Making social science accessible

05 Feb 2020


UK-EU Relations

In 2018, UK exports of goods and services totalled £650 billion and imports close to £700 billion. Combined, this equates to two-thirds of UK GDP. So getting trade policy right matters. The government has announced its intention to complete a trade deal with the EU before the end of 2020 while starting trade talks with the US.

Both sets of negotiations will need to tackle three issues: trade in goods, trade in services, and domestic regulation and government support for domestic industry. On the third, trade agreements often work to ensure a ‘level playing field’ for competition among businesses by including rules covering regulation and government subsidies.

Trade deals with the EU and the US are important because they are the UK’s top trading partners for goods and services: roughly half of total UK trade is with the EU. The US is next in line, accounting for around 14% of British exports in the last five years. Important products include vehicles, machinery and pharmaceuticals – though only 8% of British imports originate in the US.

Since 2016, doubts over the question of whether the UK would remain in the EU customs union for goods forestalled much substantive discussion over future UK domestic policy. Now, however, Boris Johnson’s Withdrawal Agreement clarified that Northern Ireland would remain aligned with the EU in many areas (customs, VAT, regulation) while the rest of the UK would be free to proceed with a free trade agreement that allows for greater divergence from EU policies.

Both the UK and the EU have expressed their desire to secure an extensive free trade agreement: the UK has insisted it would like free trade in goods and services while the EU has been more coy – it desires free trade in goods, is less clear about the extent of services trade, and has made it clear that any deal will require British commitments to a ‘level playing field.’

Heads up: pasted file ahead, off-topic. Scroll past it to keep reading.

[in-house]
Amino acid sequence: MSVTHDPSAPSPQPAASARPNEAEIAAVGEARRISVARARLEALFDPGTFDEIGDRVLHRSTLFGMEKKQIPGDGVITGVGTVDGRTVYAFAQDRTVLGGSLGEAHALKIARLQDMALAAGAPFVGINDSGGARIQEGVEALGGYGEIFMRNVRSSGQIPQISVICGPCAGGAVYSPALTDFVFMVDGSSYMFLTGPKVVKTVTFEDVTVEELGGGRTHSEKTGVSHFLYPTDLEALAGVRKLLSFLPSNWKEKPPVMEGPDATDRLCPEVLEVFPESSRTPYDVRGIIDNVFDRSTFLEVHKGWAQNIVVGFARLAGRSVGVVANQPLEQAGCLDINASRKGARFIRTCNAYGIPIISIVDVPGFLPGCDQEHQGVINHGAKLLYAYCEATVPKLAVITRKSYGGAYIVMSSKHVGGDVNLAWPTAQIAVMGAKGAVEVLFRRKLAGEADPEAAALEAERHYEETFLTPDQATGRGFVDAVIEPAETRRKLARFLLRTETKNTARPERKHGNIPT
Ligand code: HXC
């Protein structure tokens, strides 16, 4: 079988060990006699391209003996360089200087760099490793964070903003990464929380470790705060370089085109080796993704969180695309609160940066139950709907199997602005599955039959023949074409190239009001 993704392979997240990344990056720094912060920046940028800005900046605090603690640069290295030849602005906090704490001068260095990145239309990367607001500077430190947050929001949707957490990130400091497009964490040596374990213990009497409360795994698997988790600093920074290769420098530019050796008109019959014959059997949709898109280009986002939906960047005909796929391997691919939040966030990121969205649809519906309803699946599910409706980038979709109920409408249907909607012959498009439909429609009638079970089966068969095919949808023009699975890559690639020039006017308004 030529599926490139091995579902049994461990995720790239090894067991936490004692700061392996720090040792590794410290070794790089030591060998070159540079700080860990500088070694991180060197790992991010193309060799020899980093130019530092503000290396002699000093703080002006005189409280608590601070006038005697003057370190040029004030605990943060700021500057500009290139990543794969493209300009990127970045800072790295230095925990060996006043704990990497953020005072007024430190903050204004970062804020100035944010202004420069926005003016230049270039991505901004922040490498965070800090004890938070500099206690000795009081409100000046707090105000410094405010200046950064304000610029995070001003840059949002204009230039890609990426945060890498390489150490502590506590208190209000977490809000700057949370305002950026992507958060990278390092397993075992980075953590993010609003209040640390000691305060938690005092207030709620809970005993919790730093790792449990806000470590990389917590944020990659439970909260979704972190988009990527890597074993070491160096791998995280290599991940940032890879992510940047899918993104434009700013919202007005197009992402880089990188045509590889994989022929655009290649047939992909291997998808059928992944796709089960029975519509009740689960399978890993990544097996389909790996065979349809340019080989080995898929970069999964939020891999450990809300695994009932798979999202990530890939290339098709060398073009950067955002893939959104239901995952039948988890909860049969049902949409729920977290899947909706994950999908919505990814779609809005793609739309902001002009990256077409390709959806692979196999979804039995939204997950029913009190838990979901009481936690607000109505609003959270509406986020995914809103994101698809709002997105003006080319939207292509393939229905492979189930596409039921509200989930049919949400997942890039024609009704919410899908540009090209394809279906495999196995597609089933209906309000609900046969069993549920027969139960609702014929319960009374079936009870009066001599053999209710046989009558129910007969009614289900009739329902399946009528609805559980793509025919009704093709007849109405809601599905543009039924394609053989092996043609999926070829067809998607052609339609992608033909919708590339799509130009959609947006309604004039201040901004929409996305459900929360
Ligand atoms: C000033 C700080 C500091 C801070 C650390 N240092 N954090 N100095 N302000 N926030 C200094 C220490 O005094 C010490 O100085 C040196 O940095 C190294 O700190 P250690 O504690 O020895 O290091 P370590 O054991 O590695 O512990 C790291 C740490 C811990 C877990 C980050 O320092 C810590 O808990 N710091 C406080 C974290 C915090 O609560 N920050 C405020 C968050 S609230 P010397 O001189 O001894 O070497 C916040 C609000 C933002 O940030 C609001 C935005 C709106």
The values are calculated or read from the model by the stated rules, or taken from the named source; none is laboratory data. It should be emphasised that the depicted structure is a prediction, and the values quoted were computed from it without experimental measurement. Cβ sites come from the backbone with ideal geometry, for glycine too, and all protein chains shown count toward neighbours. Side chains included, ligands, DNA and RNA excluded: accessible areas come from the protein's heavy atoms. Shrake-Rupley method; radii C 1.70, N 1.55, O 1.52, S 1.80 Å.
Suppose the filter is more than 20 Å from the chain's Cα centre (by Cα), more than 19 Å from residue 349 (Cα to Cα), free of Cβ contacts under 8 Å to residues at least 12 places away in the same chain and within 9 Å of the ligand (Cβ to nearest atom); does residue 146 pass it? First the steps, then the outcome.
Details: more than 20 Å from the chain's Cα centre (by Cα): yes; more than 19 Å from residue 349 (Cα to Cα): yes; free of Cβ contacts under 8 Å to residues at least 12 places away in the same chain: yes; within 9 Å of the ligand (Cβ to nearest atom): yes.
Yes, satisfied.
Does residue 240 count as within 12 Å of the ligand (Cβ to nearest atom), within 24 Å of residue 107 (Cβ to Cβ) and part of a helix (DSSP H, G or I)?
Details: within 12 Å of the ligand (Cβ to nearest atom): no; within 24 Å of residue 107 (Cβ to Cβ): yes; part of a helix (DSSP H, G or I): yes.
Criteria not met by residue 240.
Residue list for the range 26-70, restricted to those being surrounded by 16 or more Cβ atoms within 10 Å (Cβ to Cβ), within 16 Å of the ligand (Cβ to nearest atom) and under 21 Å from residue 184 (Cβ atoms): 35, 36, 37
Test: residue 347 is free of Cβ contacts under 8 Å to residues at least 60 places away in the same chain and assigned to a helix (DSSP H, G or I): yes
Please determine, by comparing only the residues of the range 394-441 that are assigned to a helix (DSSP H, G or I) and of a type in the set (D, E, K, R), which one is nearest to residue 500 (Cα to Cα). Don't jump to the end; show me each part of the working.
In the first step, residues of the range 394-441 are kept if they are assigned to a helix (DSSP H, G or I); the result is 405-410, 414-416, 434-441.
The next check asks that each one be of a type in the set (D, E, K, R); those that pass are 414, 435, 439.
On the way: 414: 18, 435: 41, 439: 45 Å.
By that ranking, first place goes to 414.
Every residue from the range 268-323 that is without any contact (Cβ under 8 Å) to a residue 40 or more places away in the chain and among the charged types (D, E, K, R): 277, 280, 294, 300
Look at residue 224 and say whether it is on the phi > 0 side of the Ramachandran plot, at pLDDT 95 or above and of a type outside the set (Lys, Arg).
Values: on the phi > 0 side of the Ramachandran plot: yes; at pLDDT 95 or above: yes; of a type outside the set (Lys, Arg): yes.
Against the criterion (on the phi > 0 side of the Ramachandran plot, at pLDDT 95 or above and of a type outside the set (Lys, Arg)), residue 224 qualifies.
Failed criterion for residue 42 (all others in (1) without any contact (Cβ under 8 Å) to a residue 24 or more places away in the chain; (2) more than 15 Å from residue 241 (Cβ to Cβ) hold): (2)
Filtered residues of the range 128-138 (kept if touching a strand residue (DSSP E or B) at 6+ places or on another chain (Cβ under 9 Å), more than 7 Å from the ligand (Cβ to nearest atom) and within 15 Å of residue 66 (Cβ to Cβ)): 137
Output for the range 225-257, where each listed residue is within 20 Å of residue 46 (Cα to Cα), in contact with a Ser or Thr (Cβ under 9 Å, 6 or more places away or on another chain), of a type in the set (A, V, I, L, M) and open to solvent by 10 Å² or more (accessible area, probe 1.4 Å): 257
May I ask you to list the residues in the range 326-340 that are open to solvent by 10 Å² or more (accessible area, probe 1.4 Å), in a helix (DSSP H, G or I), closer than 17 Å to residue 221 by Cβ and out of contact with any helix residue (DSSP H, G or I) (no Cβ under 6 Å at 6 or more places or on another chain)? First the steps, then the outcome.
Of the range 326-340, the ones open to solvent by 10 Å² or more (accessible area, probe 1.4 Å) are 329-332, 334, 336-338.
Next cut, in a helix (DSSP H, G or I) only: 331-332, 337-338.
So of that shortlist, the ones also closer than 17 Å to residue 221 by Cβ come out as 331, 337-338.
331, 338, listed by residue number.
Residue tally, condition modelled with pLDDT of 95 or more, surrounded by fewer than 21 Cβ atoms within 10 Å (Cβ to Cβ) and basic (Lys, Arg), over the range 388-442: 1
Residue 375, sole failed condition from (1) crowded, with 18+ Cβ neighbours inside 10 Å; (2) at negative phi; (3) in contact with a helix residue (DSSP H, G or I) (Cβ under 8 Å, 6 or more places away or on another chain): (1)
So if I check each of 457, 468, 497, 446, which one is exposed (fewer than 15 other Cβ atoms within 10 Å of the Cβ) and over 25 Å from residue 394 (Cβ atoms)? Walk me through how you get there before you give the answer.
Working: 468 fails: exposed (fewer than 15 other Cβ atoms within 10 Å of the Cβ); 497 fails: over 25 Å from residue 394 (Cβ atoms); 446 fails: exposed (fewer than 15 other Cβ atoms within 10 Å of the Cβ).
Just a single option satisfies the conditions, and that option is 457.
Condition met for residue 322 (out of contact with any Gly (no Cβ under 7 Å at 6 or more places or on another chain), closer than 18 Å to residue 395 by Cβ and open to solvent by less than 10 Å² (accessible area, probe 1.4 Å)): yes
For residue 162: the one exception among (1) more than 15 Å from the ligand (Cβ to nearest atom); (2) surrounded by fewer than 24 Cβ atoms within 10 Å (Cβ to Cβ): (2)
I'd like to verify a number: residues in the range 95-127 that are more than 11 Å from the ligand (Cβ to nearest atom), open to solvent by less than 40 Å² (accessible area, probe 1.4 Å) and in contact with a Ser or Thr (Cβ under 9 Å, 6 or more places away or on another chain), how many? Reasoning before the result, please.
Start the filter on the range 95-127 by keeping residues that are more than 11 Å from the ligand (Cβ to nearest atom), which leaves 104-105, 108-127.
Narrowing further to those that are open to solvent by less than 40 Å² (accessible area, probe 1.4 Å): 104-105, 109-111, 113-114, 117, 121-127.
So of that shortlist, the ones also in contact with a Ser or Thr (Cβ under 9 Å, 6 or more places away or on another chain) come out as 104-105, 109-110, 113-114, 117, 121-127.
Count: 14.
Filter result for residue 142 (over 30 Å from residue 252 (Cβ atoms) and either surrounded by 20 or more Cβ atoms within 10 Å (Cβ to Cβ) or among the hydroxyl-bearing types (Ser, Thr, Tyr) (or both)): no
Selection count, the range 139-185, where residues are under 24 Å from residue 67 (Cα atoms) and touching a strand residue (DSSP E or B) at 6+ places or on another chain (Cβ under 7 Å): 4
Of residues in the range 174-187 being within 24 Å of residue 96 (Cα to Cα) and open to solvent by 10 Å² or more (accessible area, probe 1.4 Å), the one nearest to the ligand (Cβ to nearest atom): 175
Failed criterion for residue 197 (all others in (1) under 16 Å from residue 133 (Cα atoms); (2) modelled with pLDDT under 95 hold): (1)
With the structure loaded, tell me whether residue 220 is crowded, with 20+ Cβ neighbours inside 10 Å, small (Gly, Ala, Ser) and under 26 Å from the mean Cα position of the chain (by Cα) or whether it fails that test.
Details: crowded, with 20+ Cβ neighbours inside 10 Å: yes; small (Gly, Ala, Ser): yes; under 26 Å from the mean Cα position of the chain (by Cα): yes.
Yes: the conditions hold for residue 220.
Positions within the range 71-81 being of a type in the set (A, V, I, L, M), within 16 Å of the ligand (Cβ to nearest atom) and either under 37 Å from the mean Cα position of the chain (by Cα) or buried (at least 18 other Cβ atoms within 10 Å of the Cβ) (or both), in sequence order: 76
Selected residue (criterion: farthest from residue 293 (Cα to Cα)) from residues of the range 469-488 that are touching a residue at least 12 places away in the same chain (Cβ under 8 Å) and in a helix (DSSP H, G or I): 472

In principle, under an EU-UK free trade agreement, the UK would have regulatory autonomy – and be able to decide its own policies on foods standards, environment, and labour market laws.

In practice, the EU will ask the UK align its policies with some EU norms in exchange for greater access to the EU market. If the UK wanted to relax consumer product or food safety standards, the EU might be reluctant to offer zero tariffs or expedited customs clearance to British goods.

For financial services, free cross-border trade would require a deep level of regulatory alignment or regulatory equivalence arrangements. Negotiating tariffs for manufacturers in most sectors will be most straightforward.

More difficult will be agricultural products, many of which are subject to quotas. The trickiest areas relate to the extent to which producers receive state support/subsidies and the stringency of various regulatory standards.

UK farmers may be concerned if European subsidies to farmers undercut their competitiveness while their European counterparts will balk at any prospect of lower standards conferring a cost advantage. The EU for its part will fret about what the UK may need to agree to secure a trade deal with the US – and will want assurances of domestic enforcement of EU standards as well.